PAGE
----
Books / Reviews

The Male Gaze in Beautiful Creatures

By: Kristen Gregory

Beautiful CreaturesIn Beautiful Creatures (2009), Kami Garcia and Margaret Stohl make the unusual decision to narrate the romantic plot through the male point of view.  Instead of being inside the head of a teenage girl, the reader views the narrative through the eyes of Ethan, a sixteen-year-old boy. At first, I welcomed this shift in perspective because I anticipated that it would be a refreshing change from the traditional, female-narrated young adult romance. However, only a few pages into the book I wanted out of Ethan’s head. It turns out that being inside this sixteen-year-old boy’s head means listening to him objectify teenage girls, rank them on a scale of hotness, mercilessly mock the girl whose body type does not fit his ideal, and slut shame girls who dress too promiscuously for his taste. As our point of view character, Ethan invites the reader to judge the girls’ bodies and sexuality in a way that is especially problematic for a book whose target audience is teenage girls.

Of course, a certain level of objectification of the opposite sex is par for the course in young adult romances. For example, Jacob Black’s six-pack abs are seared into the minds of Twilight readers; however, Ethan and his friends go beyond checking out teenage girls by ranking them in order of hotness. When Lena, Ethan’s future girlfriend, comes to Gatlin, Ethan and his friends ask if she is “Savannah Snow hot?” Ethan then describes Savannah Snow as “the standard by which all other girls at Jackson were measured,” who is “5’8” worth of the most perfect legs you’ve ever seen” (18).  We then learn that Emily is Savannah’s less-hot sidekick who has more to offer under her bikini top. Between Emily’s bra size and Savannah’s legs for days, it is apparent that the hottest girls at Jackson High look nothing like most sixteen-year-old girls. Nevertheless, even these sixteen year olds who are built like twenty-somethings cannot compete with Lena and her cousin, as Ethan tells us that they are the hottest and second-hottest girls in Gatlin. Ridley, Lena’s cousin who wears see-through lingerie as clothes, gets ranked as “third degree burns” hot which is above “Savannah Snow hot” (116). This culture of ranking girls based on their bodies not only objectifies teenage girls, but it also sets unrealistic standards for “hotness” that most sixteen-year-old girls do not meet.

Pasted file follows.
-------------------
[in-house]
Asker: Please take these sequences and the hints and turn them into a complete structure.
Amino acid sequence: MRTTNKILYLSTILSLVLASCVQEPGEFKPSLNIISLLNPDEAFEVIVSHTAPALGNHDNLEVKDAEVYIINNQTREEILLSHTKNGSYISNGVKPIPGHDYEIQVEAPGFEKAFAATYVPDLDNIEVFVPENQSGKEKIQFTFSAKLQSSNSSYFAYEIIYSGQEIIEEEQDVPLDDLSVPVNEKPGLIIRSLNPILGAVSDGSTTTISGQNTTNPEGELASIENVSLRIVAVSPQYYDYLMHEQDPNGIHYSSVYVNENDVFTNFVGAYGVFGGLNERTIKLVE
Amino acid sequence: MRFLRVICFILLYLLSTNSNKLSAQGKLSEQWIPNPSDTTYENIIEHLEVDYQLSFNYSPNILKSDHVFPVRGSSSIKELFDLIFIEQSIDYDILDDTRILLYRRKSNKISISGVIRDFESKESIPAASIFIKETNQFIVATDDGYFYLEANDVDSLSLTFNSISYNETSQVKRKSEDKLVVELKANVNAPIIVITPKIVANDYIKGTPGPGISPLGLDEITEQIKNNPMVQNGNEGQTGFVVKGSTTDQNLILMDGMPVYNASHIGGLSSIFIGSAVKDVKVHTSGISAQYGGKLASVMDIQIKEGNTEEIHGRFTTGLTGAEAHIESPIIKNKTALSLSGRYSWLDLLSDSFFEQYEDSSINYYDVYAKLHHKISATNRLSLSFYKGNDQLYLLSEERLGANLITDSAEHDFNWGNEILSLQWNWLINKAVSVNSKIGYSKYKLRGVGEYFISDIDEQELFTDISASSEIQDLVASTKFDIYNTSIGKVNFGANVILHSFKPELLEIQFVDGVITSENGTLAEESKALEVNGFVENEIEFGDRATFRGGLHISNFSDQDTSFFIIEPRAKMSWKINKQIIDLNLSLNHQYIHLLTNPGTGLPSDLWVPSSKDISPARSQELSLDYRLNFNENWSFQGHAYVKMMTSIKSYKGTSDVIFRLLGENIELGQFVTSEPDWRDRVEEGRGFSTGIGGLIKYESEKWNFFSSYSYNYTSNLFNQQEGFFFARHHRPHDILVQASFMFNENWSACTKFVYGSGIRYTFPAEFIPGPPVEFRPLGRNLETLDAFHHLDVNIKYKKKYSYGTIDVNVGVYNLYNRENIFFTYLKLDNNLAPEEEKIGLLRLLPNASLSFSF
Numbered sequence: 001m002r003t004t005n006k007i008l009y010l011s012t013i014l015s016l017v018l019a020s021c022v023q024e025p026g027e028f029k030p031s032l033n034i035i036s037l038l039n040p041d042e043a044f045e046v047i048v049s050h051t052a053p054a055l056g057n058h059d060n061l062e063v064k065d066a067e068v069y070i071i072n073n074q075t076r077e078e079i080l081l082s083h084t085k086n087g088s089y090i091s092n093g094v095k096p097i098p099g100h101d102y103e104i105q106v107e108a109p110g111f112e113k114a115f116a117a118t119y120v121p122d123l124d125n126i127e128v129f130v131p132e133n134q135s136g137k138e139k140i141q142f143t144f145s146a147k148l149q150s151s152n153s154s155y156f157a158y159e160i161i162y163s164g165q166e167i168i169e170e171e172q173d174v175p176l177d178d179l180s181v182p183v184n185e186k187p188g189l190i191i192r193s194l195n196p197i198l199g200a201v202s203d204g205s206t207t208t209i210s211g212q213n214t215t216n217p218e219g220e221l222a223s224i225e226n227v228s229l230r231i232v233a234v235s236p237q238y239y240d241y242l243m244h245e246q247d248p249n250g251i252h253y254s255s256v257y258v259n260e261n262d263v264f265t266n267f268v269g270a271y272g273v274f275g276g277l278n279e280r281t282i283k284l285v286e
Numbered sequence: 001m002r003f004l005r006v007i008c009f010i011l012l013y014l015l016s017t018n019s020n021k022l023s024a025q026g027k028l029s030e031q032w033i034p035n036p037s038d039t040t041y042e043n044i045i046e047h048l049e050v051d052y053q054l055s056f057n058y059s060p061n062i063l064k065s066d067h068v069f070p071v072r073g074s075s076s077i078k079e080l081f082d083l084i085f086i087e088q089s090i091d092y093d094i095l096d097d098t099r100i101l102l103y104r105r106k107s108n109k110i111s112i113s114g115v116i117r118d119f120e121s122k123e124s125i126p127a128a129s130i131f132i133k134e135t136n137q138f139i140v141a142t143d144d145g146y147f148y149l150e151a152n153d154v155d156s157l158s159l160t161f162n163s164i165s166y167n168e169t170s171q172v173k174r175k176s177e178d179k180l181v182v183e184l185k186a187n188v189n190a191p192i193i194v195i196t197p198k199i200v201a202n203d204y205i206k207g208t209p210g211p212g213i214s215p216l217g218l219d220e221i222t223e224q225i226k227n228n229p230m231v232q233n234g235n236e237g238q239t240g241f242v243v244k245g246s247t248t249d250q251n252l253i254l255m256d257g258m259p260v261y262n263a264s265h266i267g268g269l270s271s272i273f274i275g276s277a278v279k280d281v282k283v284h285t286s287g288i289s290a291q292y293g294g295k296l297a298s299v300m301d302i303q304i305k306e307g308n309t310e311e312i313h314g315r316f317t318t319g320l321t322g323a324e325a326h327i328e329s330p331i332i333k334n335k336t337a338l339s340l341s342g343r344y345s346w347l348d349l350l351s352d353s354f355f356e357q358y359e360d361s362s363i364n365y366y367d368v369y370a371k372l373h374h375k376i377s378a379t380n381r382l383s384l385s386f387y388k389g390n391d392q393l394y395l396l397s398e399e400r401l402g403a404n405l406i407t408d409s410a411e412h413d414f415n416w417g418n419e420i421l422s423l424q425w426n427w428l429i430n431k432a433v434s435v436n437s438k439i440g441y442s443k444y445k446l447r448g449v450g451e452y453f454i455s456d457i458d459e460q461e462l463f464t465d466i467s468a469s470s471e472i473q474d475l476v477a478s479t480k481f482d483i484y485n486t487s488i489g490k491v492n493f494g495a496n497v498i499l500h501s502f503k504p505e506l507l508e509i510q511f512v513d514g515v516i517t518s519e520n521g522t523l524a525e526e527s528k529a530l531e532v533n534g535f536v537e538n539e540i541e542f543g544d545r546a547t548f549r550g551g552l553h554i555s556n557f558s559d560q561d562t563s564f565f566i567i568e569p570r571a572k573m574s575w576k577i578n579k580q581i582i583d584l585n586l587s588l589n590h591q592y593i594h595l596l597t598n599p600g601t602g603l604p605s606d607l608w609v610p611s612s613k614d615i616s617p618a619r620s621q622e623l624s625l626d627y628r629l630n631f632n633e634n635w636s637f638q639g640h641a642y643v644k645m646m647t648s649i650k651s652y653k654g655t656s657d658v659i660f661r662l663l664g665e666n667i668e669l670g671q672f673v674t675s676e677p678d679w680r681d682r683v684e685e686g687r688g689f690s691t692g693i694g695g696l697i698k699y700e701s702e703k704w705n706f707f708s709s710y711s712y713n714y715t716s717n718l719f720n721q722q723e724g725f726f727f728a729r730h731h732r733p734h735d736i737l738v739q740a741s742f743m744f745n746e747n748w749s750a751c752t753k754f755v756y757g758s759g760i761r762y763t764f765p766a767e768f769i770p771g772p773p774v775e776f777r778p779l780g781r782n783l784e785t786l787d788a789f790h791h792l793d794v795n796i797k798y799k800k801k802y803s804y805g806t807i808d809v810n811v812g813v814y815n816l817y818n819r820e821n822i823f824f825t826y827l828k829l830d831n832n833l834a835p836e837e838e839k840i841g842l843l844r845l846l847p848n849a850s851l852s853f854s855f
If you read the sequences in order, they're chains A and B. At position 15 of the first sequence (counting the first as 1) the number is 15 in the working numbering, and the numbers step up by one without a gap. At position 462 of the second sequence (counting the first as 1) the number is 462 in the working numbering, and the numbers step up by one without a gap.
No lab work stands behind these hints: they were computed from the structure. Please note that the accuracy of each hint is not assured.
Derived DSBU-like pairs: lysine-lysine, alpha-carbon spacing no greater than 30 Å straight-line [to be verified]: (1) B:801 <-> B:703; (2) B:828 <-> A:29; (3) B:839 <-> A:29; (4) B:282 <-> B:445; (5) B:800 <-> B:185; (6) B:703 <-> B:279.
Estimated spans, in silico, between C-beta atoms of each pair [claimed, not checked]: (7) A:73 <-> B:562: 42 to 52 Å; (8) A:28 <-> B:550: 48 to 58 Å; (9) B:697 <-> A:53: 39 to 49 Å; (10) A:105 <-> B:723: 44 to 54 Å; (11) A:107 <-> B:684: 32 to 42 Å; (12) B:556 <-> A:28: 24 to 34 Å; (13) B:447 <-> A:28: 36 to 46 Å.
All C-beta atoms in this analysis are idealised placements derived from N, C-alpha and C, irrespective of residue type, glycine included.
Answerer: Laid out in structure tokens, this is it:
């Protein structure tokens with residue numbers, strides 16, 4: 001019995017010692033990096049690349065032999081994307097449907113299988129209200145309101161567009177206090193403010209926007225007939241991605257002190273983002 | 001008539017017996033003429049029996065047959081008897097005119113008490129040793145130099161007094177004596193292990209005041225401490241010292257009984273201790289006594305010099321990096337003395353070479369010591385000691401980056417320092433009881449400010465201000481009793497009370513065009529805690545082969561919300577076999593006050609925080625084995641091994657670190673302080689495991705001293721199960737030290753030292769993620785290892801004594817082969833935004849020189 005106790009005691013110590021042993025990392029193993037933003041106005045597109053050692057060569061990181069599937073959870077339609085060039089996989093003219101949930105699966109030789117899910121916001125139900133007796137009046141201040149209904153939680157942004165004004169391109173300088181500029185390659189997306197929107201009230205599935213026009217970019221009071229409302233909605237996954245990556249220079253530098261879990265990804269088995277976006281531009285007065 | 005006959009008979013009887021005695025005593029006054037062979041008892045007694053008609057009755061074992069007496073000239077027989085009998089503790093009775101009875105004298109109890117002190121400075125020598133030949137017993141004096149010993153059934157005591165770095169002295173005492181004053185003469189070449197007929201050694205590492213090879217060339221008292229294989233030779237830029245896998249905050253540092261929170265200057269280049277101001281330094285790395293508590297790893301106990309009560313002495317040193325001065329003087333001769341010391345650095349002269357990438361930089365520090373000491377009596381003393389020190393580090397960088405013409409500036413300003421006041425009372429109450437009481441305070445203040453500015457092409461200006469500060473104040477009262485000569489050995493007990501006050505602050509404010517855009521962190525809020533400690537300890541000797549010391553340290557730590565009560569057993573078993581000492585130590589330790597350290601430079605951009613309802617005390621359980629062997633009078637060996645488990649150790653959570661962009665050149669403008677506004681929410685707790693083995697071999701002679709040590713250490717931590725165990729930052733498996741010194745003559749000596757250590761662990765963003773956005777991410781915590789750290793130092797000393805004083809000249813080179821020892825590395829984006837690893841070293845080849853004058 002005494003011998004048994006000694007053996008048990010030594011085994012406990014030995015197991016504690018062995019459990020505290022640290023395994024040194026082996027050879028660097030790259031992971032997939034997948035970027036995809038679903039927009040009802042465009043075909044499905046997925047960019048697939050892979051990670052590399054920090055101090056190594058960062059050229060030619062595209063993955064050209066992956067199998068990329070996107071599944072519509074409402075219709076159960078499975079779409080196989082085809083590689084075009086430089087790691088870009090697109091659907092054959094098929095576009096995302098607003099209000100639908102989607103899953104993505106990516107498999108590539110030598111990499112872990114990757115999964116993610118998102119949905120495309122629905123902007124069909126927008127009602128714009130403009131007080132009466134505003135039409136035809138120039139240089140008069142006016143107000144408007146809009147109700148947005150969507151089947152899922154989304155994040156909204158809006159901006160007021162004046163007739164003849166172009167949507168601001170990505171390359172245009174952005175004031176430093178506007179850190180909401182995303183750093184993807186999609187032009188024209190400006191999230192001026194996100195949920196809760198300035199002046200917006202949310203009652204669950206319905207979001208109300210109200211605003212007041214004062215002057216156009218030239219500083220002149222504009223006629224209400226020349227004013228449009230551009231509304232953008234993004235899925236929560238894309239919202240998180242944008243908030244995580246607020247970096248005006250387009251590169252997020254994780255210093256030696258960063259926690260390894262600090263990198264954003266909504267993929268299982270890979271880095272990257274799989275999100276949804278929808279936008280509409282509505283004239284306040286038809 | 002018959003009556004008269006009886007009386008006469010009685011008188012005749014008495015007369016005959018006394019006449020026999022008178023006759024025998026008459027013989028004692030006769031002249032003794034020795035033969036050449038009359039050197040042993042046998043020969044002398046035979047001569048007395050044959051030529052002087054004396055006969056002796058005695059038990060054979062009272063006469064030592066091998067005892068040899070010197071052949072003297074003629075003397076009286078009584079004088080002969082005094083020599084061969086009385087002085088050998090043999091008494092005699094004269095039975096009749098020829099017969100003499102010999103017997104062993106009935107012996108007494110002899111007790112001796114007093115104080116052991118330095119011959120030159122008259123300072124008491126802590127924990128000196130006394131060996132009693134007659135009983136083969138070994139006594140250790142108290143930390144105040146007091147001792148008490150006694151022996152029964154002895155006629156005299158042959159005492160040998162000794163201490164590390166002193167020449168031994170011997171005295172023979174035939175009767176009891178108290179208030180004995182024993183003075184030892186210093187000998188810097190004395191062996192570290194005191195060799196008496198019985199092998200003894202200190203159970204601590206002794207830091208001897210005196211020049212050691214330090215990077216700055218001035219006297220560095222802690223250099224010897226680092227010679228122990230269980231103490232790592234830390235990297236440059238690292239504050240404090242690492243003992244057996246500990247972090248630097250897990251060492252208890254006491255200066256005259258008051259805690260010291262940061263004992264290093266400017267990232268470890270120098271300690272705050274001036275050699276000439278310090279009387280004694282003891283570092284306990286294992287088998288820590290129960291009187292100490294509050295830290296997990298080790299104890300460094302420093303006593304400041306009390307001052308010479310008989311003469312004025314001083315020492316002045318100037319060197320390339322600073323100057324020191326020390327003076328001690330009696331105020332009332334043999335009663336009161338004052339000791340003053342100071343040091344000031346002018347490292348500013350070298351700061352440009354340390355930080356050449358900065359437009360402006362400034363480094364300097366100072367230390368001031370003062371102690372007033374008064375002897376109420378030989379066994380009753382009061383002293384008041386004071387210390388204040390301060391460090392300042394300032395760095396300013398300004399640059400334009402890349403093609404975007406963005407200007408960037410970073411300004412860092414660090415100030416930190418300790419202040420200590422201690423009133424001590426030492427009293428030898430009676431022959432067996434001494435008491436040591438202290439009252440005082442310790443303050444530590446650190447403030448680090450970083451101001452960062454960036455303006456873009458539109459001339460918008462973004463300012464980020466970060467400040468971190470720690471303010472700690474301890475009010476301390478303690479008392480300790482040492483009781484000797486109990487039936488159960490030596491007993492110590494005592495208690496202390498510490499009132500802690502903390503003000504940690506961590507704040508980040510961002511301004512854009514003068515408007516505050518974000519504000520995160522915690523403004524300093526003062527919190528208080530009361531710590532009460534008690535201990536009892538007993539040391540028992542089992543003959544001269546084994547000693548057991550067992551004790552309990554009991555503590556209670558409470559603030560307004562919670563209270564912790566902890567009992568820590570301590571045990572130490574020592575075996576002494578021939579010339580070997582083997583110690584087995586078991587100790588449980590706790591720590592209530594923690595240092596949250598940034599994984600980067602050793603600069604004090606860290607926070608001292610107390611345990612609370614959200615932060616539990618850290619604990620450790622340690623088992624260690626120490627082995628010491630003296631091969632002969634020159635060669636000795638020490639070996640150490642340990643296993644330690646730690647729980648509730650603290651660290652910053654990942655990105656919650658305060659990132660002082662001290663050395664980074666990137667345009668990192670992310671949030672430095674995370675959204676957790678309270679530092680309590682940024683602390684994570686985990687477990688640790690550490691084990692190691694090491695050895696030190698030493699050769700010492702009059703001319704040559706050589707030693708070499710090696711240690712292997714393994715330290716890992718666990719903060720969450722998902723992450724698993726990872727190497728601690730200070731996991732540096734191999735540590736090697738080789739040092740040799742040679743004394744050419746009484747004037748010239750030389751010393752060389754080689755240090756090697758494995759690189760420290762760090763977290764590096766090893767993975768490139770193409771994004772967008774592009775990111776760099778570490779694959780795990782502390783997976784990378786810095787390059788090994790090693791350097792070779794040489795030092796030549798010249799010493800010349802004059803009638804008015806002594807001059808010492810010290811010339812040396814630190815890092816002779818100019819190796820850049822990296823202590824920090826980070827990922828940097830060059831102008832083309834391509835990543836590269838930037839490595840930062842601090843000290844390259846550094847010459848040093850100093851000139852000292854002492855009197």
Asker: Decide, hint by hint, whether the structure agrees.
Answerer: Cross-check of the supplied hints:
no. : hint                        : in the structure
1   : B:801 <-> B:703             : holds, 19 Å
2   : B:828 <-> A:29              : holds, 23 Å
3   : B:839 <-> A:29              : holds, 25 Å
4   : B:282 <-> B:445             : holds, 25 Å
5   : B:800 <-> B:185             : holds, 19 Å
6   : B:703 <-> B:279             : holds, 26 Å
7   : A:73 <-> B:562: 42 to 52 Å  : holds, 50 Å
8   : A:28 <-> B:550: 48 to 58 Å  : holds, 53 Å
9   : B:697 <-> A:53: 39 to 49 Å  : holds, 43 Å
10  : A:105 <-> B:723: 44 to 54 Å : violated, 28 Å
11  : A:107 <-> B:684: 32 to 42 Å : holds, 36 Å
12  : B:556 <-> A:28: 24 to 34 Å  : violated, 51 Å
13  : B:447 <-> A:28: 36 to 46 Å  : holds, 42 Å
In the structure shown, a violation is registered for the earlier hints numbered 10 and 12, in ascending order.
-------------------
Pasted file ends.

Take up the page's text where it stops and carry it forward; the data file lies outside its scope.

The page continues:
In addition to ranking girls on their hotness, Ethan also harshly mocks girls who do not fit certain standards. This troubling habit is most evident in his description of Charlotte, one of Savannah’s less attractive friends. Ethan first lets us know that Charlotte is overweight when he is disappointed that, when the boys were waiting for a glimpse of Lena, “the only thing we got to look at was too much of Charlotte Chase in a jean skirt two sizes too small” (18). Ethan repeatedly refers to Charlotte’s clothes being too tight, at one point even saying that she is “gasping for breath” because she is squeezed into too-small clothes (338), but in case the reader did not pick up on the fact that Charlotte is chubby, her prom dress rips and the whole school sees her in her underwear. When this happens, Ethan describes her panties as “the size of the state of Texas” and describes her resulting cry as a “now-everyone-knows-how-fat-I-really-am scream” (269). Ethan invites the reader to join in on the humiliation of an overweight teenage girl who is ashamed of her body. The last look we get at Charlotte is when Ethan sees Emily glaring at Charlotte and interprets her look to mean “maybe you should lay off the pie and put some effort into looking that gorgeous” (338). While Ethan’s ranking of girls’ hotness could possibly be excused as the male equivalent of the descriptions of chiseled abs in most young adult romances, there is no excusing his harsh criticism of Charlotte’s body throughout the novel.